I'm not sure how to answer that.
A just-state answer is that Presidents do and will, as they are obliged to, and the Supreme court checks that they use their office in keeping with this Bill of Rights. But I believe this answer to be out of scope.
I suppose I can say important people desire more federal power than allowed by the Bill of Rights (which was put in place, of course, following experience with the British government). But that ads little, it's mostly a restatement of the assertion in your question.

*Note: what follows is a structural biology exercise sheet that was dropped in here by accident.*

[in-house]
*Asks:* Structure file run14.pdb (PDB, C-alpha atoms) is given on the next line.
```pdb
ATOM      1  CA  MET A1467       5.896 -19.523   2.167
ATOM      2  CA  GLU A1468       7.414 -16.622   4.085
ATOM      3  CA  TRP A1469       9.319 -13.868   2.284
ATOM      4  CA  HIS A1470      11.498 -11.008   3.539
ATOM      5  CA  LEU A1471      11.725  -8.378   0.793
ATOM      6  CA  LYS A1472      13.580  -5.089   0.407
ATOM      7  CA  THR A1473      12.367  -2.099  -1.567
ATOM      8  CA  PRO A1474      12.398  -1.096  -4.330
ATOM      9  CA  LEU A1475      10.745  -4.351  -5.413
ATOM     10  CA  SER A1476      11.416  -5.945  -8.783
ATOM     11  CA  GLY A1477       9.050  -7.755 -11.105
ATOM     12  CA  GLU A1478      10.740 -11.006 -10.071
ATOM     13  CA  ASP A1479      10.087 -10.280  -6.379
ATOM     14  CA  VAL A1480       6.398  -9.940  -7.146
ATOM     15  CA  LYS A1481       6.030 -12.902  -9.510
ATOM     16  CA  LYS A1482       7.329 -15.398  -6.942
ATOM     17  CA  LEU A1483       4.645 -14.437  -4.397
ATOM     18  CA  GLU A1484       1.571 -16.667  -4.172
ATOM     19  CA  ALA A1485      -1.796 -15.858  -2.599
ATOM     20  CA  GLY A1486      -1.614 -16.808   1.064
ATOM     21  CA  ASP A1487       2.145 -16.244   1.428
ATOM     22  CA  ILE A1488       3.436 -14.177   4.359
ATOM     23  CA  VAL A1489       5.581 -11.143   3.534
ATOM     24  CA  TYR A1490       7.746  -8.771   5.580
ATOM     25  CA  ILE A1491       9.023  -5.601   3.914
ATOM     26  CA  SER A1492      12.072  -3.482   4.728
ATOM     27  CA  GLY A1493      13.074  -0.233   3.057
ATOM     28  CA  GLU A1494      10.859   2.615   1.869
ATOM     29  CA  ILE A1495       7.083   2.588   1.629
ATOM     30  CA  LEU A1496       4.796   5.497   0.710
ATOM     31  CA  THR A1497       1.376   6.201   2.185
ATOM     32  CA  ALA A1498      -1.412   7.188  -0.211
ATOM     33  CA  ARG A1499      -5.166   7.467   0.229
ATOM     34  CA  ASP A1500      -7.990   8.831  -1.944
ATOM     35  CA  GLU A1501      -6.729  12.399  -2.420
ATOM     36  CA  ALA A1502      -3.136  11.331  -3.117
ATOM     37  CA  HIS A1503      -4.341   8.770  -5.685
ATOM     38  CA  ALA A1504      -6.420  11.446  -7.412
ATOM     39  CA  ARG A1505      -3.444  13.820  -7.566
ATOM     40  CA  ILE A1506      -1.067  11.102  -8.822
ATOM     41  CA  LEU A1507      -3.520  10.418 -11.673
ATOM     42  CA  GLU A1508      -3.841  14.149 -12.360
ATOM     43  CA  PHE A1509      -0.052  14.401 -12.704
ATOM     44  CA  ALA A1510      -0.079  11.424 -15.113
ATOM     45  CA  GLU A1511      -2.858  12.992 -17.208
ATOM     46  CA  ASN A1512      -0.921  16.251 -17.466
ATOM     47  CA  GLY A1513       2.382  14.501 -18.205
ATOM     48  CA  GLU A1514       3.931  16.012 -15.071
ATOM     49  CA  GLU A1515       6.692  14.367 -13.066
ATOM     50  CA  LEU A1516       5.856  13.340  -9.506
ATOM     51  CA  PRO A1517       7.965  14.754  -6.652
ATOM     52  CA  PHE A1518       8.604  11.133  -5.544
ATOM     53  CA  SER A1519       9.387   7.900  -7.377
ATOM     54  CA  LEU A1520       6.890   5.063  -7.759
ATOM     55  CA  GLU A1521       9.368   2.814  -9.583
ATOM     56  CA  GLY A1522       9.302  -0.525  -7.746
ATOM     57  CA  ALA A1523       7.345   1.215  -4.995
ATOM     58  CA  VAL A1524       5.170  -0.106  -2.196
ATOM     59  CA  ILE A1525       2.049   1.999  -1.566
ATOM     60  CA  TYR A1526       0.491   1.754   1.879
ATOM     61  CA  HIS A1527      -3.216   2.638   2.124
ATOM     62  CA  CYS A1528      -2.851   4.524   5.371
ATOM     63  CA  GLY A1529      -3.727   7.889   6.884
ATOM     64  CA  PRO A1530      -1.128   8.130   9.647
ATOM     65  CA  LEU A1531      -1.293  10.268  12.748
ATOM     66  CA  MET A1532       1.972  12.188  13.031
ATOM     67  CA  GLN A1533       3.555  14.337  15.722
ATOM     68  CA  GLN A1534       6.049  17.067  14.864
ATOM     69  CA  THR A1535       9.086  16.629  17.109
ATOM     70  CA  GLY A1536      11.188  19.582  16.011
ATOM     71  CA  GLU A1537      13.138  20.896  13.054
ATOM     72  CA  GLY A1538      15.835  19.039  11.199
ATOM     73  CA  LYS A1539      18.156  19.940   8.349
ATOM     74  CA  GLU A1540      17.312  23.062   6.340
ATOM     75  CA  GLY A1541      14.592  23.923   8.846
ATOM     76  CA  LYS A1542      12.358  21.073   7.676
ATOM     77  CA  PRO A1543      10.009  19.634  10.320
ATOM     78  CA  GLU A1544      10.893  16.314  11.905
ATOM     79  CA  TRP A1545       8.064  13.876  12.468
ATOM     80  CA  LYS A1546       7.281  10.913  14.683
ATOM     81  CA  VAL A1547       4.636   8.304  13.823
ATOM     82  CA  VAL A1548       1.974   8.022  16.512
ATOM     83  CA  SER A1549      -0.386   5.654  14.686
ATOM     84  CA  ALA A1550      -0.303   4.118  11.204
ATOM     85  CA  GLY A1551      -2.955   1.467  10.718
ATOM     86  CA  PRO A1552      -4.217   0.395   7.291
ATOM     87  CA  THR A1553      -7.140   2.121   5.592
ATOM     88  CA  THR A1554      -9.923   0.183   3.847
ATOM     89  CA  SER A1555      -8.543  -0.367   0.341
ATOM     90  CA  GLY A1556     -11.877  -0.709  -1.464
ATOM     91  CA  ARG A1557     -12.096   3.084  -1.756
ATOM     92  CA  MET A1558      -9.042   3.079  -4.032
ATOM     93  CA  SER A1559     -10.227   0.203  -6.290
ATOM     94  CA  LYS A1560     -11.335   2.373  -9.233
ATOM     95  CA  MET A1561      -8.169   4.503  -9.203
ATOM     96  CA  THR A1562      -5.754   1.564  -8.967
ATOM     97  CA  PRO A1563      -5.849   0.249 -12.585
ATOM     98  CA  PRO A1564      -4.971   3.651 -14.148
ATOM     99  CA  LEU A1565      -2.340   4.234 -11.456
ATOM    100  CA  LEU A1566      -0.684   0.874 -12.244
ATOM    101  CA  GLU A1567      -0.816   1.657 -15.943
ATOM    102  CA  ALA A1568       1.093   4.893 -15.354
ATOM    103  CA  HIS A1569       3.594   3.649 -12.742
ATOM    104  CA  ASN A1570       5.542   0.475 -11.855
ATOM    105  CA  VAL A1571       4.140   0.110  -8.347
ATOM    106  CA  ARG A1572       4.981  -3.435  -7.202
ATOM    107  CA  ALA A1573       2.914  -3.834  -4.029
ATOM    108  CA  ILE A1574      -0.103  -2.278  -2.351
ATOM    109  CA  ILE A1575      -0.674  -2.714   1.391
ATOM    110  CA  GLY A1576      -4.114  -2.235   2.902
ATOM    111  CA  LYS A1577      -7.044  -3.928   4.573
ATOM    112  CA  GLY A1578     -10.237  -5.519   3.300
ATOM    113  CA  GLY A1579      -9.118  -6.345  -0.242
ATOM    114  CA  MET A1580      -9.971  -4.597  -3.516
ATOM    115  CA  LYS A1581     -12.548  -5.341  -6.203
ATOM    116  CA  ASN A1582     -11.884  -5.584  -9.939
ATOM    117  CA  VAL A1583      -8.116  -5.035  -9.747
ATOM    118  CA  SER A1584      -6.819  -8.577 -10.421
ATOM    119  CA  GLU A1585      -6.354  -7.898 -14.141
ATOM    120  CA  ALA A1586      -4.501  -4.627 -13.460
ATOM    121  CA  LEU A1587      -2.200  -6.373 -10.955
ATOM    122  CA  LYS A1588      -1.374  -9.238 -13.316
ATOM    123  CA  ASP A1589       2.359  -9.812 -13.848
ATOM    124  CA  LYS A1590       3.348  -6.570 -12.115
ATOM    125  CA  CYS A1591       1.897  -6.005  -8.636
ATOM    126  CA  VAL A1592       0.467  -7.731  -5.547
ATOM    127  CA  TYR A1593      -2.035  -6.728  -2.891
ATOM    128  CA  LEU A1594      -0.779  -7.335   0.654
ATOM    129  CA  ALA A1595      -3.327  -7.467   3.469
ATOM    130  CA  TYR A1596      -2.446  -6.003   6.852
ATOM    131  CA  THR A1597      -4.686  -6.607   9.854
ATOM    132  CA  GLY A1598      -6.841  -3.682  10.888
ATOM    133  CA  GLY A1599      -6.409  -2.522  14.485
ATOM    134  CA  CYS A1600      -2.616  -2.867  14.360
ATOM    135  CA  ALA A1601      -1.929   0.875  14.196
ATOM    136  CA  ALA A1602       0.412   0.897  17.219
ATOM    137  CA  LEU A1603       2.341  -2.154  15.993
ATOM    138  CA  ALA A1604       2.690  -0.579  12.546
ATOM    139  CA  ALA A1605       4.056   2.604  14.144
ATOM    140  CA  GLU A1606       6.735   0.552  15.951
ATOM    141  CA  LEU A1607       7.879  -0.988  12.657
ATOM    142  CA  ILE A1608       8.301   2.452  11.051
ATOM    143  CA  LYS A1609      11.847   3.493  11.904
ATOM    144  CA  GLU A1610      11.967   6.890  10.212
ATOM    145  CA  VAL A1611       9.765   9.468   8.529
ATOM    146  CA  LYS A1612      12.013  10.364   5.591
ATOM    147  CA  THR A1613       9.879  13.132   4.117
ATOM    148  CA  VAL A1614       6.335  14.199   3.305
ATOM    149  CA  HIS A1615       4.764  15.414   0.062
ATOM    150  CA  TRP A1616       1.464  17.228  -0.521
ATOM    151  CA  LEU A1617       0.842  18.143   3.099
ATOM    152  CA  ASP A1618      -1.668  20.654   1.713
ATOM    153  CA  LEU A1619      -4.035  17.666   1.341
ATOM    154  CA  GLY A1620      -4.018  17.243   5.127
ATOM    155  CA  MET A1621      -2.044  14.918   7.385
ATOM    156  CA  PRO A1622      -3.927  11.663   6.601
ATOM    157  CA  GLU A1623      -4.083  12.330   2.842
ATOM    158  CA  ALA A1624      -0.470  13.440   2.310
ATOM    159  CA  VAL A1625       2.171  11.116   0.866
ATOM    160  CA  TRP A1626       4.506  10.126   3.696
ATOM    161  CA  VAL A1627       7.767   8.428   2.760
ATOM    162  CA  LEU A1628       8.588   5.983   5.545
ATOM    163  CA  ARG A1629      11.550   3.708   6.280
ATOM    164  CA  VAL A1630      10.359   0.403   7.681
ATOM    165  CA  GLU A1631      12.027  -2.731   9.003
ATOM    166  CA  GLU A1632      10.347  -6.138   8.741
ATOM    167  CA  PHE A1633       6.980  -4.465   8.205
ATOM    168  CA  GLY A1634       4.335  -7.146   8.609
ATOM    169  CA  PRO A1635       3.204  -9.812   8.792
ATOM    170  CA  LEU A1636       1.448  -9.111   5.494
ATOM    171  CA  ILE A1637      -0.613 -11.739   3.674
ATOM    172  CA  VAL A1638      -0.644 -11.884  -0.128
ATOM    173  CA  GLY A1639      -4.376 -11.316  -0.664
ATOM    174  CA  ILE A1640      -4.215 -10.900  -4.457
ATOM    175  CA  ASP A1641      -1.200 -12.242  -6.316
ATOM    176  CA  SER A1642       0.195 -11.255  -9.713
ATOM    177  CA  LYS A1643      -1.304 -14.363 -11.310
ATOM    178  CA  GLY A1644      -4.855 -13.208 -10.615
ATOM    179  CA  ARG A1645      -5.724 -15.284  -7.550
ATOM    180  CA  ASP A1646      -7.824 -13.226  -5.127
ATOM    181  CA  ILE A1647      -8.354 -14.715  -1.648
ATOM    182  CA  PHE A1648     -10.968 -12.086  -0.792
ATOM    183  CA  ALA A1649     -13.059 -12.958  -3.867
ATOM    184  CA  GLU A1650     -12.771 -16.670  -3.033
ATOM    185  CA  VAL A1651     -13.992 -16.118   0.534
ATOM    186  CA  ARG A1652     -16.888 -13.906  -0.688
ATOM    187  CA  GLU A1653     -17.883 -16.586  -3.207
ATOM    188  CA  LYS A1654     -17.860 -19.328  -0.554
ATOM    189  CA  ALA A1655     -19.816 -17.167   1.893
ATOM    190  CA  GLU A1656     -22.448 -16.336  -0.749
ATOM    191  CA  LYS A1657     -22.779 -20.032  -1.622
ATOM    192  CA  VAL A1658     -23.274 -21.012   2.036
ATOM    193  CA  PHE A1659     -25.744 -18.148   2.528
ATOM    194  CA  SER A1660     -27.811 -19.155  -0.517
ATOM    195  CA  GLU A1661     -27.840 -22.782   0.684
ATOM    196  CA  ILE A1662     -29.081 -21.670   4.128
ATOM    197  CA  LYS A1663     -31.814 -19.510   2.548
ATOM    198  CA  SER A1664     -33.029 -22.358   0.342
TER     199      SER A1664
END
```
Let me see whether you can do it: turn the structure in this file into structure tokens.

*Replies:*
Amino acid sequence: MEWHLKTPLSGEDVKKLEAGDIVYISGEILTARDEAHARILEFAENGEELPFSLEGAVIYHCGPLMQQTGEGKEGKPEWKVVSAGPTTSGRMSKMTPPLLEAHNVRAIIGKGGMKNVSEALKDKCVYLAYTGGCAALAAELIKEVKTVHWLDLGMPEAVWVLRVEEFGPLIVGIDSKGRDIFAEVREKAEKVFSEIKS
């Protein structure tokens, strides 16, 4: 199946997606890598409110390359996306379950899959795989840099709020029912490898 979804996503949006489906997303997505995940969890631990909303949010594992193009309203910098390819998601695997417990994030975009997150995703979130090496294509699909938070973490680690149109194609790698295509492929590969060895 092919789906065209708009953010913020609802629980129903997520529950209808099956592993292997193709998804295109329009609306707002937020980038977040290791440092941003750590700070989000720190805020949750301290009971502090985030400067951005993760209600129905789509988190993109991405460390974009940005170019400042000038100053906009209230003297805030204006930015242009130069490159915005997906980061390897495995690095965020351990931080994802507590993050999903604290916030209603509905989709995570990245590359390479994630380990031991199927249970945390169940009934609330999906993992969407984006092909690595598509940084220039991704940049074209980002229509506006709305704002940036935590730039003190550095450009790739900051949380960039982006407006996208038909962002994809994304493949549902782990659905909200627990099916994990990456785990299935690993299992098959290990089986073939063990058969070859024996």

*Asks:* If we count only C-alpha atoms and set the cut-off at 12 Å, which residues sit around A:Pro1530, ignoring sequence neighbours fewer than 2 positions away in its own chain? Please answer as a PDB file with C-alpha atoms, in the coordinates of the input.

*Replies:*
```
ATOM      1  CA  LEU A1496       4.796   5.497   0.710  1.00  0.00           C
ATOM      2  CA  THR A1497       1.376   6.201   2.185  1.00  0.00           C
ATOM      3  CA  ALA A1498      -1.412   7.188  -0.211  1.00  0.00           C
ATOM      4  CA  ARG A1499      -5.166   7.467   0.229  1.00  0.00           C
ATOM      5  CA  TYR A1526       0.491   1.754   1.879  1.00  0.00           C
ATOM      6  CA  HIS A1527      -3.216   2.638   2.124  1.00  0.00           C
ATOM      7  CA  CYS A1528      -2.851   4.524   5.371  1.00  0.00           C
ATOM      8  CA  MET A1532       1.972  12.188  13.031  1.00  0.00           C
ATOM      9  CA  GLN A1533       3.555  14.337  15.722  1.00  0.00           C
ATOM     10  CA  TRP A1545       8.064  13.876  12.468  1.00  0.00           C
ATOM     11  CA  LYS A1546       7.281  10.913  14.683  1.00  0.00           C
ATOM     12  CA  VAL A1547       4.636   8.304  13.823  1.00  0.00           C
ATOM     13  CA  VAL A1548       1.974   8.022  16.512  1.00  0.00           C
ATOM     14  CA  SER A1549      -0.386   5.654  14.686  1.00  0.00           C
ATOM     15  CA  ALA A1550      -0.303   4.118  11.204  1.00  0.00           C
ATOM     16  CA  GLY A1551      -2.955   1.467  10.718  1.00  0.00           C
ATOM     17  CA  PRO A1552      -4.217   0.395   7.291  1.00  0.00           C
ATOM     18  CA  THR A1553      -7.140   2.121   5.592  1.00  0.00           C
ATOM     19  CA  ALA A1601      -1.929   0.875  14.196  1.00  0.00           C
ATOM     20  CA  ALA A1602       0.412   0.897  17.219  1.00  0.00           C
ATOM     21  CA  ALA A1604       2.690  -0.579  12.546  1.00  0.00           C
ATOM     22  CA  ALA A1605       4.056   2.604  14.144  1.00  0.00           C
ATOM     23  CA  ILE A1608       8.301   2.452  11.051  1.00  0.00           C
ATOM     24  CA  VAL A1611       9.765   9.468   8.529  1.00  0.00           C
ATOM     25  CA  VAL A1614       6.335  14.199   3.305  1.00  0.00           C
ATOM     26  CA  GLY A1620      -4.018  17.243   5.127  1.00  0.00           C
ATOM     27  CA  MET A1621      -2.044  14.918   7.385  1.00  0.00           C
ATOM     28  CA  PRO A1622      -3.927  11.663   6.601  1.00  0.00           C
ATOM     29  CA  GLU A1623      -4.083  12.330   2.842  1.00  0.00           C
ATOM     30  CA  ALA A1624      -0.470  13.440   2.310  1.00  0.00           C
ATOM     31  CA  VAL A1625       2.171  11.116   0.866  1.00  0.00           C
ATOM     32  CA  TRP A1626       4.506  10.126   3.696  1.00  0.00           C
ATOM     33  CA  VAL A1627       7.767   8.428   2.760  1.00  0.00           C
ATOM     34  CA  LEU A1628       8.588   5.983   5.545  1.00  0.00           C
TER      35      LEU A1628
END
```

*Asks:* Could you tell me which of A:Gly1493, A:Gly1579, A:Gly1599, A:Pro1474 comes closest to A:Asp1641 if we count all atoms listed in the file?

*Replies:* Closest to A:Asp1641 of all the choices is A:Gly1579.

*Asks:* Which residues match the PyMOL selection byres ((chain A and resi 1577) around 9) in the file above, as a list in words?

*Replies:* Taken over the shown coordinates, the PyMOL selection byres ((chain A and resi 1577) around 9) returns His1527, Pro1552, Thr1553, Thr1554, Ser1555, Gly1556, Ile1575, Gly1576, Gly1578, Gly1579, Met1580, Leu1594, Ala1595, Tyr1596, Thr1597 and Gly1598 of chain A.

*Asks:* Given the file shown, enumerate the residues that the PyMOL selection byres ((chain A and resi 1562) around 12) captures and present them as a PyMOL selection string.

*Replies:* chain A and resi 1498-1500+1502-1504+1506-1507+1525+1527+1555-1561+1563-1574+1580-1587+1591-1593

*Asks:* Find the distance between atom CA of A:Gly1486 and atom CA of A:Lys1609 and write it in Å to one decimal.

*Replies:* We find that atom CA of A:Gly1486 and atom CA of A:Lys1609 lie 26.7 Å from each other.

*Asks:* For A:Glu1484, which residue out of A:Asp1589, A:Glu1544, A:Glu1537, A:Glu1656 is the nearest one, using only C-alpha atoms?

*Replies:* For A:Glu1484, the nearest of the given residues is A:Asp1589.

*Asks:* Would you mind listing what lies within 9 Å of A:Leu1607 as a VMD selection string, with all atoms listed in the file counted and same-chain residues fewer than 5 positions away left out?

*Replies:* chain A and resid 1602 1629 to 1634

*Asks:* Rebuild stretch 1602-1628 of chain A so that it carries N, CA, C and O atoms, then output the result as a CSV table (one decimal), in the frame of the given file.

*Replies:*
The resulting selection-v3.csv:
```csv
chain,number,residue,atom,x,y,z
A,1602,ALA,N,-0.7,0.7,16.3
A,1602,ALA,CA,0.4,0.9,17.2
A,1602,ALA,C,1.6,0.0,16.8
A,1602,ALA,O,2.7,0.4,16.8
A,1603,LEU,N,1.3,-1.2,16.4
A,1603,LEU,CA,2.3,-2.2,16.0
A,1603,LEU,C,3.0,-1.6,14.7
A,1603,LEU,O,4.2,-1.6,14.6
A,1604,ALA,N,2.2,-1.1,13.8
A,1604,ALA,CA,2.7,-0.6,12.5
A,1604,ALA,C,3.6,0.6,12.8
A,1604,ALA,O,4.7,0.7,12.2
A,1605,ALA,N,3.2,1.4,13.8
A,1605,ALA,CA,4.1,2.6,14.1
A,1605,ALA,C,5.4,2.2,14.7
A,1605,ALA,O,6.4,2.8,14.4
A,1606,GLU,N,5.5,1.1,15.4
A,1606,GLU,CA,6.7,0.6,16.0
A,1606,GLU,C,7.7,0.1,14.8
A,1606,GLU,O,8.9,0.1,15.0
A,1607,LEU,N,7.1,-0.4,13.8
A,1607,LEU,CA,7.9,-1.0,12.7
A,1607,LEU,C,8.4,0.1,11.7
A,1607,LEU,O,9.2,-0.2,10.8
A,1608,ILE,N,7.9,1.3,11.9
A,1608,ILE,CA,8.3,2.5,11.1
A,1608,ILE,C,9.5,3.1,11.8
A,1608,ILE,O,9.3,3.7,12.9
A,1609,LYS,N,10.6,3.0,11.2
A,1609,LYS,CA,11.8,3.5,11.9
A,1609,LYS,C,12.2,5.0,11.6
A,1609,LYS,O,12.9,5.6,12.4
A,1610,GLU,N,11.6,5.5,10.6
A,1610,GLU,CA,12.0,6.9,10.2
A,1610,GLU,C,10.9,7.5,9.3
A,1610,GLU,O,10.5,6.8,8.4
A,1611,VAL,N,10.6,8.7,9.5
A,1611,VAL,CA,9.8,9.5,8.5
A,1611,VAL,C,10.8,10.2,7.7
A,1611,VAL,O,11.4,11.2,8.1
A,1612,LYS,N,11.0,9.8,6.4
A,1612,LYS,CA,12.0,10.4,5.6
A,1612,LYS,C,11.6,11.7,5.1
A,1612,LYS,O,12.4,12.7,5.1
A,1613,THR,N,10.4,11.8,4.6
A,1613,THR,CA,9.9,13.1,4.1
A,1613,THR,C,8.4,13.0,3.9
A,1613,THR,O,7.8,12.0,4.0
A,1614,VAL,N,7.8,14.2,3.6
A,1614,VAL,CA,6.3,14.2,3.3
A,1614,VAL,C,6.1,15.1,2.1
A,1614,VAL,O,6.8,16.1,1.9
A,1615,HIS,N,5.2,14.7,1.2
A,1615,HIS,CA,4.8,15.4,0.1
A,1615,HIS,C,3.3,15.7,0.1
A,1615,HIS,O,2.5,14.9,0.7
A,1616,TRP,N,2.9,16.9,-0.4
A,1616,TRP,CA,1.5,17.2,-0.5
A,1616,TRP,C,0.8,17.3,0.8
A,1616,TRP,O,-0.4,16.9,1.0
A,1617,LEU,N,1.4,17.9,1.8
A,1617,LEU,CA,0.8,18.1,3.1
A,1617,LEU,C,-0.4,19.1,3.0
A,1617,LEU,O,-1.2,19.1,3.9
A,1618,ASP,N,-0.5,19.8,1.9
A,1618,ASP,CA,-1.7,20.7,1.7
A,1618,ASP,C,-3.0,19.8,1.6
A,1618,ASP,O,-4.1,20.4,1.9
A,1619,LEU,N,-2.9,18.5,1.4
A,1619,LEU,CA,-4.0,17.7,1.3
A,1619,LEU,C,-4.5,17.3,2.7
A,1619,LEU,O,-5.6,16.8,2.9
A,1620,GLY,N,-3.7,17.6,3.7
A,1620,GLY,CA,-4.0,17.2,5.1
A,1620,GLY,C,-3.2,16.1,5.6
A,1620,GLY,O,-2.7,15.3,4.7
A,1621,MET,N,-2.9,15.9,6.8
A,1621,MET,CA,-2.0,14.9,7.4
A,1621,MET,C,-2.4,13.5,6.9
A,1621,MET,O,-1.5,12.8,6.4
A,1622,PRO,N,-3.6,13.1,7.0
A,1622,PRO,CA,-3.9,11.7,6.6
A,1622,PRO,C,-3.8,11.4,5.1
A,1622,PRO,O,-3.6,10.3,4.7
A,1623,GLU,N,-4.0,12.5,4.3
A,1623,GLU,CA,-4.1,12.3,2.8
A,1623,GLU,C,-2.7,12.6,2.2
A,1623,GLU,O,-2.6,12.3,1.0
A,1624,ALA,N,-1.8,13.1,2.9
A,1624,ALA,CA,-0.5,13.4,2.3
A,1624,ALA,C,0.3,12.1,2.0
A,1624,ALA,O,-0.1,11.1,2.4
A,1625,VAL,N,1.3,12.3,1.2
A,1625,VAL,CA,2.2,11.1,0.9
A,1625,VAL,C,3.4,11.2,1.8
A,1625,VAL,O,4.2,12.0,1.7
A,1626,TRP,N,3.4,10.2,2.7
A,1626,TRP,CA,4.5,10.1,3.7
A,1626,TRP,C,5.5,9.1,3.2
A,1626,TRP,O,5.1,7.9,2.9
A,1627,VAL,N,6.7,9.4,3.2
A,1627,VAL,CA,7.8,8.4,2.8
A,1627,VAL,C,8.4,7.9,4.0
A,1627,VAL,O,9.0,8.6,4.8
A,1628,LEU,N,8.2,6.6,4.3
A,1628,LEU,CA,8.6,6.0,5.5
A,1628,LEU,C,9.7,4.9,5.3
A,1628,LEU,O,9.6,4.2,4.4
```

When I was in school, they taught me the Constitution was a living document, and could stretch and grow to meet current needs. I accepted it as children do, but now I can say if you expand the tolerances of something sufficiently, you can effectively void a specification.